You want to make things dark all the time to set the tone and the mood, but the producers want to see the actor's faces and I think the audiences want to see them just enough so that they can convey these nuances and subtleties of their character and of their current emotion in the scene. But at the same time, we don't want to take people out of the setting of the moodiness, for lack of a better word. So for me, it's really important to see them on set early on and how they react in different lighting scenarios so that we can push it a little bit, I kind of always err on the side of making people look good, so when they're not supposed to look good, I really have to force myself to do that lighting. Each person reacts differently in different light, so it's important for me to understand that early on and try to set it up for each actor where they come across in a good light, no pun intended. But it also fits the tone of the story. And I sometimes get nervous about asking them to move or look a certain way, but I try to encourage them to understand that it's in their best interest. And usually, they're really receptive because I try to build that relationship early on.
What draws you to a project?
That's changed over the years. To be quite honest, the phone used to ring and if somebody offered me a gig, I was interested. Now it's mostly about the people involved. I've learned the hard way where something sounds good on paper, but you get there and there isn't quite the time or the money to do something the right way, so you're sort of forced into doing things in a less-than-ideal way… I'm trying not to be repetitive, which is what’s really great about some of the work I've been able to do with Mike Flanagan; it's always very well thought-out. There's a lot of different characters, a lot of depth to the story. I don't want to just do flat, one-dimensional kind of work. I want stuff where people want to rewatch it to drink in more insights from all those layers and peel it all back. That's something Mike Flanagan's work does, especially in “The Haunting of Hill House” and especially in “Bly.” When you watch it, you'll see, there are so many layers in the story plot and the characters themselves.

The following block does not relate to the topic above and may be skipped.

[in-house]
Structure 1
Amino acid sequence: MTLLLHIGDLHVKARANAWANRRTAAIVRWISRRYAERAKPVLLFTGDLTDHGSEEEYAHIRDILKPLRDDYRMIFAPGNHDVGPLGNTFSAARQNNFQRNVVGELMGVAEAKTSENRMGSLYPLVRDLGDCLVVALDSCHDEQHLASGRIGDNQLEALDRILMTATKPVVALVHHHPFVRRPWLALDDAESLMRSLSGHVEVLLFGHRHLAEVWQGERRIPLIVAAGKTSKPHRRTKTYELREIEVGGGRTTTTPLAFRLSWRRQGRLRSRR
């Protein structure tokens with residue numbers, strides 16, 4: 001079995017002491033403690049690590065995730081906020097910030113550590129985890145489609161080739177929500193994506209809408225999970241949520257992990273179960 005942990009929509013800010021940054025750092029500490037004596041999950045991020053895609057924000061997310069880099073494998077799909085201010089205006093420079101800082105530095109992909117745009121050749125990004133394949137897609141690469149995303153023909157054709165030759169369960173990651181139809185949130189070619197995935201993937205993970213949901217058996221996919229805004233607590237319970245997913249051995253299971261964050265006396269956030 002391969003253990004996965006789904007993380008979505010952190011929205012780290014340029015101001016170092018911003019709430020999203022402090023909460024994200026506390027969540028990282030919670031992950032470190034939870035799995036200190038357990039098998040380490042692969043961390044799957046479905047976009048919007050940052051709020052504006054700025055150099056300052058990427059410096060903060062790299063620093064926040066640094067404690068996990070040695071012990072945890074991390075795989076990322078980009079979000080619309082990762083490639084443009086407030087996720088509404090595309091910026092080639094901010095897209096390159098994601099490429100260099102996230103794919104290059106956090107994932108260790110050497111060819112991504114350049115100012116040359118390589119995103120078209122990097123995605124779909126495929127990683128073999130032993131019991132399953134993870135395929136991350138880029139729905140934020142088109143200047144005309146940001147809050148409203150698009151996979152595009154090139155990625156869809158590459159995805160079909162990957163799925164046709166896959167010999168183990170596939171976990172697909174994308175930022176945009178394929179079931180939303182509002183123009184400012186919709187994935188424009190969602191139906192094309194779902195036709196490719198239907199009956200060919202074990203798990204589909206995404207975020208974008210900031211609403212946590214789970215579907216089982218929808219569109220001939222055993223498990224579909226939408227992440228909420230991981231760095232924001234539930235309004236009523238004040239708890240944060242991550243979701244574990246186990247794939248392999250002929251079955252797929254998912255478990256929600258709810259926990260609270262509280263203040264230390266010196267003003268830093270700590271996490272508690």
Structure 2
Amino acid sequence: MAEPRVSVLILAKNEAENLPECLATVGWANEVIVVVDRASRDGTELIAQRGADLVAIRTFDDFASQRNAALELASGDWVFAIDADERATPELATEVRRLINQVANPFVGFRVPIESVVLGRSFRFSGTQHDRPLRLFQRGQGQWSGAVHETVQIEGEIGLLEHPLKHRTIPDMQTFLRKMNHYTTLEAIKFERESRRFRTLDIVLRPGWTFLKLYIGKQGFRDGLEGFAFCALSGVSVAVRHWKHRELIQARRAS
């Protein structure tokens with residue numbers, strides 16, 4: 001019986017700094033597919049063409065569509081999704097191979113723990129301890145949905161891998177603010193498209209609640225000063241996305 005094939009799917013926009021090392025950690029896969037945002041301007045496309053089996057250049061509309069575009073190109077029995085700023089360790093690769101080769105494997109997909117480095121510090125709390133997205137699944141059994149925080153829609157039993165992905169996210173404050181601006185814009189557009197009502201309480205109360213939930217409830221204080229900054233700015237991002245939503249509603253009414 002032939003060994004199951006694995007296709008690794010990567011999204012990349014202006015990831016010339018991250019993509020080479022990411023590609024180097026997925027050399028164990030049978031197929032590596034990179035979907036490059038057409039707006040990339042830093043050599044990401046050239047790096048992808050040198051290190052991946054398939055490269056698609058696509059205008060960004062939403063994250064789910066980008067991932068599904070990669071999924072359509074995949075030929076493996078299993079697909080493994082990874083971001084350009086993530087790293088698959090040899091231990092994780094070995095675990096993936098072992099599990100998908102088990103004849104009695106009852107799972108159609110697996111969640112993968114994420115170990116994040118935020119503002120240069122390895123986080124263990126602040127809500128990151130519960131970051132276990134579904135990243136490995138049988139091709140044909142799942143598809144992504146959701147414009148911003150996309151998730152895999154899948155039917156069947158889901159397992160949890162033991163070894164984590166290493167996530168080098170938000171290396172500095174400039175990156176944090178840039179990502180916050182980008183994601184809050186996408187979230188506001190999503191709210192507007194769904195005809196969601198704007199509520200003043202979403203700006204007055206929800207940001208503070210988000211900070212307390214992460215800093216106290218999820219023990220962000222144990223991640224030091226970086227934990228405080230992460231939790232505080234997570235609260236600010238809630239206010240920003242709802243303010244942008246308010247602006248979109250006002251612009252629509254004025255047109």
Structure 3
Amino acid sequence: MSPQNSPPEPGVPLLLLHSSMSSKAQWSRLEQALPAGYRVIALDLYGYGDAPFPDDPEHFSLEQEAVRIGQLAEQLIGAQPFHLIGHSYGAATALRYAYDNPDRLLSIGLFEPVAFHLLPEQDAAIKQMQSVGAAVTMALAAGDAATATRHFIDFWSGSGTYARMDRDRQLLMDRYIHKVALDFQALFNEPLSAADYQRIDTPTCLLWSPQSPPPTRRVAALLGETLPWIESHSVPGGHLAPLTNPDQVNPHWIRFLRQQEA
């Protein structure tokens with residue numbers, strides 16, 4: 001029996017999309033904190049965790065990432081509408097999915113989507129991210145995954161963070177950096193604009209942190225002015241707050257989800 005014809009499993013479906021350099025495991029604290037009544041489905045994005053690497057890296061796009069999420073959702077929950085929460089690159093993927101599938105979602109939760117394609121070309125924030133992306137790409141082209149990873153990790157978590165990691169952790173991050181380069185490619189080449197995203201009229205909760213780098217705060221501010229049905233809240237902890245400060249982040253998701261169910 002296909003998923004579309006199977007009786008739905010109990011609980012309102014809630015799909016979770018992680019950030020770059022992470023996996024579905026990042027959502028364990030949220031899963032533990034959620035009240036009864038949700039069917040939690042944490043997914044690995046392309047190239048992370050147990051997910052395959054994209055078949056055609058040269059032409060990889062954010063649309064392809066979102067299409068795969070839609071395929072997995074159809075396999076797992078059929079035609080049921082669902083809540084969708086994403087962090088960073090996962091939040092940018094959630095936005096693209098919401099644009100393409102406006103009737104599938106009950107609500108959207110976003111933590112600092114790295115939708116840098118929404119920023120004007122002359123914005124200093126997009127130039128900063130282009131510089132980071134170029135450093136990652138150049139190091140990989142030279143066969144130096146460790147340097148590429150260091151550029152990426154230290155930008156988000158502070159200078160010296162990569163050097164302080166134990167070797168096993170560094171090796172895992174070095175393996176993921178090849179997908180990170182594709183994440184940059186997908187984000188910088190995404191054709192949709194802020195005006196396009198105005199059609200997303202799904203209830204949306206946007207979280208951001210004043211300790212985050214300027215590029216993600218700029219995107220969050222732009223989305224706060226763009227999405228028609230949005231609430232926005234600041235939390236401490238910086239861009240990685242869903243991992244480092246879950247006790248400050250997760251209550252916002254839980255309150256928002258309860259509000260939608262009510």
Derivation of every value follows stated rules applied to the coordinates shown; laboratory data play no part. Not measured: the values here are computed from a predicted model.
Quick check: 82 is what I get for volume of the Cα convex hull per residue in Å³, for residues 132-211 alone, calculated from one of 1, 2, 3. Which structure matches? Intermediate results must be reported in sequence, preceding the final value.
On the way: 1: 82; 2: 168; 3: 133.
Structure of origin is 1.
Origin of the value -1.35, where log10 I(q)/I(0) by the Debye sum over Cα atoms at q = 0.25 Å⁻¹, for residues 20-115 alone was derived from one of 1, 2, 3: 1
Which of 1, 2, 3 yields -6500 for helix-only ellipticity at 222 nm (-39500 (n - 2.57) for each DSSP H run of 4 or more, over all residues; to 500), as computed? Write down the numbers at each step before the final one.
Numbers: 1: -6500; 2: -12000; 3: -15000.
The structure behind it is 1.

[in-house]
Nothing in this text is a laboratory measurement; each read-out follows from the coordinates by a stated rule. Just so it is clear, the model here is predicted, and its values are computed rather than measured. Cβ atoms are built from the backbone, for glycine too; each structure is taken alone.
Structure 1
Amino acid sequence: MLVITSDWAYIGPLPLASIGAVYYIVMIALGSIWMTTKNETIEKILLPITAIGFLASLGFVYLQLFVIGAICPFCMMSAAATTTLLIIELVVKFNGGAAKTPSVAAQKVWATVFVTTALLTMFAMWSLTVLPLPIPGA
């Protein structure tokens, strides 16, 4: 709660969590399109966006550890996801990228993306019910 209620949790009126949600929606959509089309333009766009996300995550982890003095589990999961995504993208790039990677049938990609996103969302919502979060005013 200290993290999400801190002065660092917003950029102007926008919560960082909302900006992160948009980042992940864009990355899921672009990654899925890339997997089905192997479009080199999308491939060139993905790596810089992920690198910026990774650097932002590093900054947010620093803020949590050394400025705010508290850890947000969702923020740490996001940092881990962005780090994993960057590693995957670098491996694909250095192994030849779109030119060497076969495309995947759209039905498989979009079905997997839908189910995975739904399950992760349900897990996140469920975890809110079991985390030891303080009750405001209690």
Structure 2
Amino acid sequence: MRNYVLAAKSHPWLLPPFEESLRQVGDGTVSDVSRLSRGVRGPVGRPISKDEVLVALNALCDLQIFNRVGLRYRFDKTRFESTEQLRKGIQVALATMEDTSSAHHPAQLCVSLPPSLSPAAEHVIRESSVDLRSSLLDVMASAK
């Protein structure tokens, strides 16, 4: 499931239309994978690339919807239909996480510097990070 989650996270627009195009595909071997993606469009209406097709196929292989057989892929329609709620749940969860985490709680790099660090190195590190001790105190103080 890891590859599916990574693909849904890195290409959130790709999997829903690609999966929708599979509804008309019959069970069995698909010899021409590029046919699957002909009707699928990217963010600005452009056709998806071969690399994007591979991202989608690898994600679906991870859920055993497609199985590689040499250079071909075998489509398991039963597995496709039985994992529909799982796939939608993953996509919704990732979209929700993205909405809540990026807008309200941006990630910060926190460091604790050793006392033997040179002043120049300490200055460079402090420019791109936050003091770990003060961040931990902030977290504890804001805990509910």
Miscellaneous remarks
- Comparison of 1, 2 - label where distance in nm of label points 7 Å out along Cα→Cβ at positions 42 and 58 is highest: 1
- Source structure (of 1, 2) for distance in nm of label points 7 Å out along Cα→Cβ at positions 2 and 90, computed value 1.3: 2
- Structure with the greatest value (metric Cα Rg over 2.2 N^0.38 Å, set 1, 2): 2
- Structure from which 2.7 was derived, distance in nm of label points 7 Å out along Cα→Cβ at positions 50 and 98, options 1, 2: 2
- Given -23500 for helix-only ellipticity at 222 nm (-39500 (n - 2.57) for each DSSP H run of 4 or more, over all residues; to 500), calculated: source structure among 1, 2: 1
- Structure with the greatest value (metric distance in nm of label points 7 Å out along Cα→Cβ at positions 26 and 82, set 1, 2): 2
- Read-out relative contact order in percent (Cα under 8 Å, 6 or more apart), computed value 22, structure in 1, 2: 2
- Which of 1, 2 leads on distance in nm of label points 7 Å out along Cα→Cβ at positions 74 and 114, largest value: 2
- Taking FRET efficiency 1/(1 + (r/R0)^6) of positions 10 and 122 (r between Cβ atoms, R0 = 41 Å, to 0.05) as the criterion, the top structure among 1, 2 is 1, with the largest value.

What advice would you give to aspiring cinematographers?
Shoot, shoot, shoot, shoot, shoot anything and everything you can. Nowadays with the technology, you could shoot and edit and do really cool stuff on your iPhone. It's really about learning how to tell stories and what puzzle pieces you need to tell the stories, and you can create those now with anything. When I came up, I had to steal or squirrel away short ends, beg somebody to process them, beg somebody to transfer them, but now you can realistically shoot on an iPhone 11 and on iMovie, and do a cool soundtrack on GarageBand, all at home. So it's really just about practicing what images you're making, certain angles, certain frames, certain sizes, figuring out ways to move the camera, learning the language of the image and how it relates to the story. There's so many people out there with stories. You just have to reach out to younger filmmakers and collaborate and be self-motivated. In terms of getting real jobs, I think that you should spend some time on set in different crafts. I definitely think that you need real on-set experience if you want to be a cinematographer because a lot of it is management now; it's like structuring the day, structuring the time, understanding company moves and how much time it takes, how much time to allocate what each department needs.